Coming from…
Going to…

“But it shall not be so among you. Rather, whoever wishes to be great among you will be your servant; whoever wishes to be first among you will be the slave of all. For the Son of Man did not come to be served but to serve and to give his life as a ransom for many.”

Today, we celebrate Heritage Sunday in our Holy Church. It is not a Liturgical Solemnity or Feast, but rather something added on to our typical Liturgical celebration of the Lord’s resurrection. It helps us to remember what the Lord’s Passion, death, and resurrection hand down to us. It also helps us remember what has been handed down to us by our ancestors.

The writer of the Letter to the Hebrews has a lot of focus on what has been handed down. After all, the Jewish people were all about what had been handed down by their ancestors – the Law with all its resulting customs and traditions. So, the writer riffs on the meaningfulness of what is handed down. Namely, in today’s passage, that Jesus went through all we face. That through faith and obedience to the Father’s will, Jesus became the premier servant of all – and gave up His life to serve all. The Father’s reward was resurrection and the opening of the gates of heaven to all who follow in Jesus’ footsteps.

Jesus came to serve and to set the example for us. The Apostles, the generations of saints and other holy men and women that followed in Jesus’ footsteps, lived out the writer’s advice to the Hebrews – it shall not be so among you. They made things different. They brought the change Jesus instituted forward.

This change applied down to the day of our grandparents and parents. They passed the gift of Jesus to us. It is now our gift to pass along.

This is what heritage is. It is all those wonderful things we own – the food, songs, pictures, stories, histories, legends, and heroism of our ancestors. More so, it is their greatest gift – the way they acted as Jesus acted, as servants. They served the people of our community and each of us by holding fast to Jesus’ way, His teachings.

We know where we come from, our heritage. It is a direct line back to Jesus – a testimony of our ancestors who faithfully served and passed that gift to us. Understanding that, we know where we come from and set our hearts on what we pass along and where we are going.

Reflection for the 29th Sunday in Ordinary Time/Heritage Sunday


Celebrating heritage
Making God known to all

Remain faithful to what you have learned and believed, because you know from whom you learned it, and that from infancy you have known the sacred Scriptures, which are capable of giving you wisdom for salvation through faith in Christ Jesus.

St. Paul calls us to remain faithful. Faith is imparted to us by our hearing, by someone who proclaims and models faith for us. This is not any faith – but faith in the one true source of salvation who is Jesus Christ.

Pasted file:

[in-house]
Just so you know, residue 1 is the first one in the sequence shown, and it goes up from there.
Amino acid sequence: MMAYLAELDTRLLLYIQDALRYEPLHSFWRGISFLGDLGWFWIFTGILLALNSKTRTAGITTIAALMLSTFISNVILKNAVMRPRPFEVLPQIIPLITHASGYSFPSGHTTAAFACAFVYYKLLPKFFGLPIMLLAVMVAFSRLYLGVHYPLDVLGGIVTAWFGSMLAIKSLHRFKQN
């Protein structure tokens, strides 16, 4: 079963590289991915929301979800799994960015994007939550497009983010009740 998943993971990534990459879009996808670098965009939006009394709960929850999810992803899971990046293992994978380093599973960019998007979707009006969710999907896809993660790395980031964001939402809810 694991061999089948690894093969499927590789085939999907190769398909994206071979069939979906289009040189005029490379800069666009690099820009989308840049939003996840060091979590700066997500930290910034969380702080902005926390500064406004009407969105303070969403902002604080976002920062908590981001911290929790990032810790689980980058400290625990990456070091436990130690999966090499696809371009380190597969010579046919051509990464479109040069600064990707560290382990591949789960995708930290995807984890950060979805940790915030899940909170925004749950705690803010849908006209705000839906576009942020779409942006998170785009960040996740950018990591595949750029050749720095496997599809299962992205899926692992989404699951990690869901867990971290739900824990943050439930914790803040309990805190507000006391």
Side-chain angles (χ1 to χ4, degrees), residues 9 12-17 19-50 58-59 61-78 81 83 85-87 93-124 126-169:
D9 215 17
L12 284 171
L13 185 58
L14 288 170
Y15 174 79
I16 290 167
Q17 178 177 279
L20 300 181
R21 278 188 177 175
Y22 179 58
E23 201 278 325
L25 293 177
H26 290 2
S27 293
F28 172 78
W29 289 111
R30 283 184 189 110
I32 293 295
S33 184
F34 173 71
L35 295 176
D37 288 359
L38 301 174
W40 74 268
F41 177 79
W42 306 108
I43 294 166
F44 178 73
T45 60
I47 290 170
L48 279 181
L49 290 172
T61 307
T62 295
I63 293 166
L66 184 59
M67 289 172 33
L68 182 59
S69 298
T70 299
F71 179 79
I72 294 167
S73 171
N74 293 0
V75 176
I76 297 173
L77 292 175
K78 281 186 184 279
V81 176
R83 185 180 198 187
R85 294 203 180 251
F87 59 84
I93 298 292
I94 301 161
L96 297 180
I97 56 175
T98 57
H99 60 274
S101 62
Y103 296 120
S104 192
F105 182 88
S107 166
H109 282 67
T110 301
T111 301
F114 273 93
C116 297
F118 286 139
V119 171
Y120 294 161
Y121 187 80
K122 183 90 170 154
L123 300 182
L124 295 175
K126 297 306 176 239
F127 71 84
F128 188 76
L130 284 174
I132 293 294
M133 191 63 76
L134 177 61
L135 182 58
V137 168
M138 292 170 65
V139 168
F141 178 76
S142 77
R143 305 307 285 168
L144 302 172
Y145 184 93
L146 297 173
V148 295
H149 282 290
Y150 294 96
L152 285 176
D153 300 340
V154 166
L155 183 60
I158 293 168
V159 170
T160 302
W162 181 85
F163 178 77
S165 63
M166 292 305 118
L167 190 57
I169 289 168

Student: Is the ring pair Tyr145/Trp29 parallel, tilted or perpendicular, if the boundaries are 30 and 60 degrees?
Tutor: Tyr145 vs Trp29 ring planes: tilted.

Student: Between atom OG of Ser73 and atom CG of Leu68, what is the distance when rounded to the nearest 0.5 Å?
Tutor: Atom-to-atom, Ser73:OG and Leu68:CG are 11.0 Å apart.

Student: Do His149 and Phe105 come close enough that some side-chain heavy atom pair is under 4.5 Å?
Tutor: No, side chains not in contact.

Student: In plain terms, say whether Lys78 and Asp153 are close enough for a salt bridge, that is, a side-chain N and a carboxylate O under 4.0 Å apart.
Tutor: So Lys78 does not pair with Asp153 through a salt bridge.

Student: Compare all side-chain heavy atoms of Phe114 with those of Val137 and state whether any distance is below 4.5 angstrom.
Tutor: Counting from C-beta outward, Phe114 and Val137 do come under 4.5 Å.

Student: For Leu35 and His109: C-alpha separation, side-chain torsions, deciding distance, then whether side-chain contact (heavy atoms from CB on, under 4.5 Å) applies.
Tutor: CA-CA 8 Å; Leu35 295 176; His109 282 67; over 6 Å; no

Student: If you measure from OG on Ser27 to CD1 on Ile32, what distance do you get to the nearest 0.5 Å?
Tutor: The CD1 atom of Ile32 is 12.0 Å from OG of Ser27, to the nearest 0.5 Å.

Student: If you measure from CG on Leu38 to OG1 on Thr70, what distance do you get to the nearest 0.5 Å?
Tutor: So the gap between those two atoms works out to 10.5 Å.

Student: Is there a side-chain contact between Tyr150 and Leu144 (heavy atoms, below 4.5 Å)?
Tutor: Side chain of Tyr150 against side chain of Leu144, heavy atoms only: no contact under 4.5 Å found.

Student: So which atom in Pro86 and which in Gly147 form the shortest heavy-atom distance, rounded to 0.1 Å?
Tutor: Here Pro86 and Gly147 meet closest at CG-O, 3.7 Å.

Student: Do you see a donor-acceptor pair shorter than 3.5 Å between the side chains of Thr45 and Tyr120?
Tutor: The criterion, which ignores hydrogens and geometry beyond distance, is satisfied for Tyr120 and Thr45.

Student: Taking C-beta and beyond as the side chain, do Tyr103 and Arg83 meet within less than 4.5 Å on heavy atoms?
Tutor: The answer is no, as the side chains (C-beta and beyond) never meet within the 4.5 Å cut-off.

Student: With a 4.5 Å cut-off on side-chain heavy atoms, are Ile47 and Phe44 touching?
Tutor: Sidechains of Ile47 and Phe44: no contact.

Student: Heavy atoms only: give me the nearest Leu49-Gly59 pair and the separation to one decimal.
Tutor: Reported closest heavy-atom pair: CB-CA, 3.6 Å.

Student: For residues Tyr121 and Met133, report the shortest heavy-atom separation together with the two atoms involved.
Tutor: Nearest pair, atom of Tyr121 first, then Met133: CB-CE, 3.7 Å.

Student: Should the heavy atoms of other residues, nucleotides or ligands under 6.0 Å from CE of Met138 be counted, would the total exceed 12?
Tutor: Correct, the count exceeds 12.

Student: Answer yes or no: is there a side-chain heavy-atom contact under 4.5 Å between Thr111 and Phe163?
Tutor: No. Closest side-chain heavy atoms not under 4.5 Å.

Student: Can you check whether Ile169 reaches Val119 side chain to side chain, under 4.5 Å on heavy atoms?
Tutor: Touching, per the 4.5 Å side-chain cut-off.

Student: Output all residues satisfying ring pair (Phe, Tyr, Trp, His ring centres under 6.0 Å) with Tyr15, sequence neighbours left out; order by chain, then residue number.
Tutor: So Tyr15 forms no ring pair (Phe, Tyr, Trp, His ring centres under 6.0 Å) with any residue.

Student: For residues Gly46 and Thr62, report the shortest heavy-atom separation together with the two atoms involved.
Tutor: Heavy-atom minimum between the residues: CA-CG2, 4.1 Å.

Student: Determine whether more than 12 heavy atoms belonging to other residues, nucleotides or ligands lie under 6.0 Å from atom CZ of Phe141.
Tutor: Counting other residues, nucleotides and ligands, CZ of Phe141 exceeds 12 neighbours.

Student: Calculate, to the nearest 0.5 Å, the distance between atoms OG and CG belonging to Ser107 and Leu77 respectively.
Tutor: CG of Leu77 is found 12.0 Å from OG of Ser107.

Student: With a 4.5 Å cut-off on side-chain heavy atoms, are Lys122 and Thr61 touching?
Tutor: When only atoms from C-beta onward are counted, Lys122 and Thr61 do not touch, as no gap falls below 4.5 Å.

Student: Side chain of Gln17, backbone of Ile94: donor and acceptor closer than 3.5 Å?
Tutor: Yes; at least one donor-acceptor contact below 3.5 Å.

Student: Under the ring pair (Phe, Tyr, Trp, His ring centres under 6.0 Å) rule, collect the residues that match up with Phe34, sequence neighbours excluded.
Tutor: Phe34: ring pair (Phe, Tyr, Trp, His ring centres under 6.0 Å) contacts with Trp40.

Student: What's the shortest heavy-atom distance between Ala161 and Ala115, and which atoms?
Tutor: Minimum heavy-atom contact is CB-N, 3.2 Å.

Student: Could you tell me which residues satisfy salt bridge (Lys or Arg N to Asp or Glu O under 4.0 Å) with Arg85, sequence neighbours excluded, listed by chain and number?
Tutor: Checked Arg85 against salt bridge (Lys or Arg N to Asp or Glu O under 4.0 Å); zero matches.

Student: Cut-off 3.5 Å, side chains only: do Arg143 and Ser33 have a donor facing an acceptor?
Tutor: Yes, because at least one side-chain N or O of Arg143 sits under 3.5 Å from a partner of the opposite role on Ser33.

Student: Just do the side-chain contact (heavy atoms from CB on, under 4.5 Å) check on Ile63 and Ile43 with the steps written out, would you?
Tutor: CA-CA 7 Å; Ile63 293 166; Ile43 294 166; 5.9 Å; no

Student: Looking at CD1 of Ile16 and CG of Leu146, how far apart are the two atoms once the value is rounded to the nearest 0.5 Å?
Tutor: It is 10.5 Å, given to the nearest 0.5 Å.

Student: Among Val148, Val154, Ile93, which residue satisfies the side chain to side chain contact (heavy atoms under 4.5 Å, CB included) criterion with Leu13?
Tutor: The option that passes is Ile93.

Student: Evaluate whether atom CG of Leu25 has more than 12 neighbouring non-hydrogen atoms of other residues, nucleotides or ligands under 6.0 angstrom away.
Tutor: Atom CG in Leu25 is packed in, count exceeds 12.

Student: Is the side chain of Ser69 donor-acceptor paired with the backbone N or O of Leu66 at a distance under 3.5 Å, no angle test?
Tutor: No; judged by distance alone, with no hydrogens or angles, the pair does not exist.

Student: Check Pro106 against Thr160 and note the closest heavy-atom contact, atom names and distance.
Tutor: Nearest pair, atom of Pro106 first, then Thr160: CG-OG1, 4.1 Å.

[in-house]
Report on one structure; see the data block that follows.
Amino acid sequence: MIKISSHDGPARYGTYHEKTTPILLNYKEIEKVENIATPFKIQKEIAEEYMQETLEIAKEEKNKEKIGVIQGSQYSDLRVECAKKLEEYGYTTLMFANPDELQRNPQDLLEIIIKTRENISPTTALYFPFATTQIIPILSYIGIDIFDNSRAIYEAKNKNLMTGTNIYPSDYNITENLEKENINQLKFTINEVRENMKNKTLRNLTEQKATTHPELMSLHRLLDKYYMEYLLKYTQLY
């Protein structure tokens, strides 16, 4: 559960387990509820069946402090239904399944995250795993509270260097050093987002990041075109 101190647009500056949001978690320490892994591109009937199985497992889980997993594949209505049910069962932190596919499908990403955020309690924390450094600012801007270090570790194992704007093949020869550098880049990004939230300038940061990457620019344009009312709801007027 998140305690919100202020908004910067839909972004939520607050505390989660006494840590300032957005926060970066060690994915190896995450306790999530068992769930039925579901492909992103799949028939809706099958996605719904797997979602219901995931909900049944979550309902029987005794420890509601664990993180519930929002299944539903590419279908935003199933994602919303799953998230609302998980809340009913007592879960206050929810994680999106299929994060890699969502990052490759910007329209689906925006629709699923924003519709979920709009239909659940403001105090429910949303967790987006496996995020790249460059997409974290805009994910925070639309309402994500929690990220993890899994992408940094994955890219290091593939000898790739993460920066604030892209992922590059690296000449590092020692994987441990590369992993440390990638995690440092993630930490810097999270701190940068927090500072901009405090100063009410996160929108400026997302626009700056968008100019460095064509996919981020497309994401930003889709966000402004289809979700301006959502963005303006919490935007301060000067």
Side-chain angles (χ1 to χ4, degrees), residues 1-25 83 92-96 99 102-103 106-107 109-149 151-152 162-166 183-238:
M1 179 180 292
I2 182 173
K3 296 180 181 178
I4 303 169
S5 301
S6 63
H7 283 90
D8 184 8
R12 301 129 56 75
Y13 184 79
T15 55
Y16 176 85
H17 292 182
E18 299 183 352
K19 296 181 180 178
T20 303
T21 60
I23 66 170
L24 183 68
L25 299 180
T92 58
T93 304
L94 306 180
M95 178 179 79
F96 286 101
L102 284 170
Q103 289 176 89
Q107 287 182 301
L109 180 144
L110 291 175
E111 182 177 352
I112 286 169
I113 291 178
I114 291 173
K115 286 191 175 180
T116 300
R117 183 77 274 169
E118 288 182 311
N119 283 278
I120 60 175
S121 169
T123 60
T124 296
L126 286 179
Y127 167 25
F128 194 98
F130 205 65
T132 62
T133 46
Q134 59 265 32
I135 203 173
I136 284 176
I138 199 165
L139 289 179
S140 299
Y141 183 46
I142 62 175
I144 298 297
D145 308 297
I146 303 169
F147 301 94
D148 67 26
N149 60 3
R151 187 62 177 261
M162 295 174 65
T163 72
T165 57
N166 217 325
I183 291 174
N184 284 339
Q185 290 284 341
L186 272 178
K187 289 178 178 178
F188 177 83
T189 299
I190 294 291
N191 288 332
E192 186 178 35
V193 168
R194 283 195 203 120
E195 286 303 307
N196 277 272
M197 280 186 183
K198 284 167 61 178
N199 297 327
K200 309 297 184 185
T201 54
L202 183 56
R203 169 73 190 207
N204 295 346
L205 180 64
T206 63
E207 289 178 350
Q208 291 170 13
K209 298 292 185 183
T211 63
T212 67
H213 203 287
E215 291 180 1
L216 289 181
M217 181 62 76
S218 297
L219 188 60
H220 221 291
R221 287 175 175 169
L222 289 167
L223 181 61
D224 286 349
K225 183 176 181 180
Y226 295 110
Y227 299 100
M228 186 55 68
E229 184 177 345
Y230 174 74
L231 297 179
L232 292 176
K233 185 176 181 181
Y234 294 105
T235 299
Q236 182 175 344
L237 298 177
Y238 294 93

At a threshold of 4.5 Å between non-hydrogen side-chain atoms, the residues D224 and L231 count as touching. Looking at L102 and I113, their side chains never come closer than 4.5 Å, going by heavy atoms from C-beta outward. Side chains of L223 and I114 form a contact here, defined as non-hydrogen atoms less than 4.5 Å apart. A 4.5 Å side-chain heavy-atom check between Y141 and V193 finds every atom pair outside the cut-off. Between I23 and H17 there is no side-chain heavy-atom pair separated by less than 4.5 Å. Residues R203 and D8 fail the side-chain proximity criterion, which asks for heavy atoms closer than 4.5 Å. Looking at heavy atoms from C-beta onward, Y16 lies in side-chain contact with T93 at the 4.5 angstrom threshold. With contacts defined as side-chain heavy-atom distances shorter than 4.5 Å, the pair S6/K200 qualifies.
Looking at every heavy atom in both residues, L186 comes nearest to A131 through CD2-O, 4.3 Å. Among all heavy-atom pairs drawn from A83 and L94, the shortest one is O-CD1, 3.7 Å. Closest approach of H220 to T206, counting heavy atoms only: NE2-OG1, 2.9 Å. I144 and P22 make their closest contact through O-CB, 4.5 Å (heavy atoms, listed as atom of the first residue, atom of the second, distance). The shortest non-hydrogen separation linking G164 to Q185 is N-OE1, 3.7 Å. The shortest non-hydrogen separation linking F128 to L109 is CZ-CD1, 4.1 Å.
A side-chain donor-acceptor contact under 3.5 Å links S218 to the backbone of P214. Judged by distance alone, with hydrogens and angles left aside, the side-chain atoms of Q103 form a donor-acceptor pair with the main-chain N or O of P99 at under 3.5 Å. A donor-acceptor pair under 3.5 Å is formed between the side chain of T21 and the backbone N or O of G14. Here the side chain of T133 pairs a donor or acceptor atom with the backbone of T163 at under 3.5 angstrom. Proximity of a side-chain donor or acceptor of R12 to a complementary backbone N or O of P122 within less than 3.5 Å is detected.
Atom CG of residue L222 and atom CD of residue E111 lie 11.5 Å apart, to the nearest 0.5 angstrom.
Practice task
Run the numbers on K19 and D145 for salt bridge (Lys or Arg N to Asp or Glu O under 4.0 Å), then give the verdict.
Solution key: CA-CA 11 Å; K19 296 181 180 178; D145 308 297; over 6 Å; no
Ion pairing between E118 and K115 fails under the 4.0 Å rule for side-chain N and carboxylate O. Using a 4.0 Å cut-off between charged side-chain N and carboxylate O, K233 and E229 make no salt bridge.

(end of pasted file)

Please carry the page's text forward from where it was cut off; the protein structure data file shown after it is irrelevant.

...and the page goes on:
Jesus told His apostles and disciples: “I am the way, and the truth, and the life; no one comes to the Father, but by me.

Someone had to inform us of this fact. Indeed they did – the apostles and disciples set out to every corner of the world and proclaimed what they had seen and heard. They spoke it, they held the liturgy – bringing the sacraments to all, and they witnessed to the truth of Christ by offering their lives without fear. These witnesses, mostly uneducated and formerly fearful, brought the faith to every nation.

Armenia was the first nation to adopt Christianity in 301. Tiridates III was the first ruler to officially Christianize his people predating the date of Constantine the Great’s personal acceptance of Christianity on behalf of the Roman Empire. Subsequently many nations adopted Christianity and assumed the role of imparting the faith to their people. A mosaic of peoples and cultures went on to make salvation known through faith in Jesus known.

Bishop Hodur saw nations as a tool in God’s hands. Each people is endowed with specific gifts and insights that add to the totality of Christian evangelism.

Religion cannot espouse the dissolution of national and cultural boundaries as its goal — an argument made by those who define everything in terms of separation. Our faith, and the expression of our faith – our religion – is focused on making Jesus known through the gift of nations and cultures. Nations and cultures speak of God who works through them to fulfill Jesus’ command to: “Go therefore and make disciples of all nations, baptizing them in the name of the Father and of the Son and of the Holy Spirit, teaching them to observe all that I have commanded you.

God speaks to and values every nation and culture. He works through them to make His will known, to offer salvation to every person.

Today we celebrate the individual heritage of every nation and culture. We celebrate the gifts God has given us – those gifts intended to make salvation known, to bring all to know and worship Him who created us for His purpose.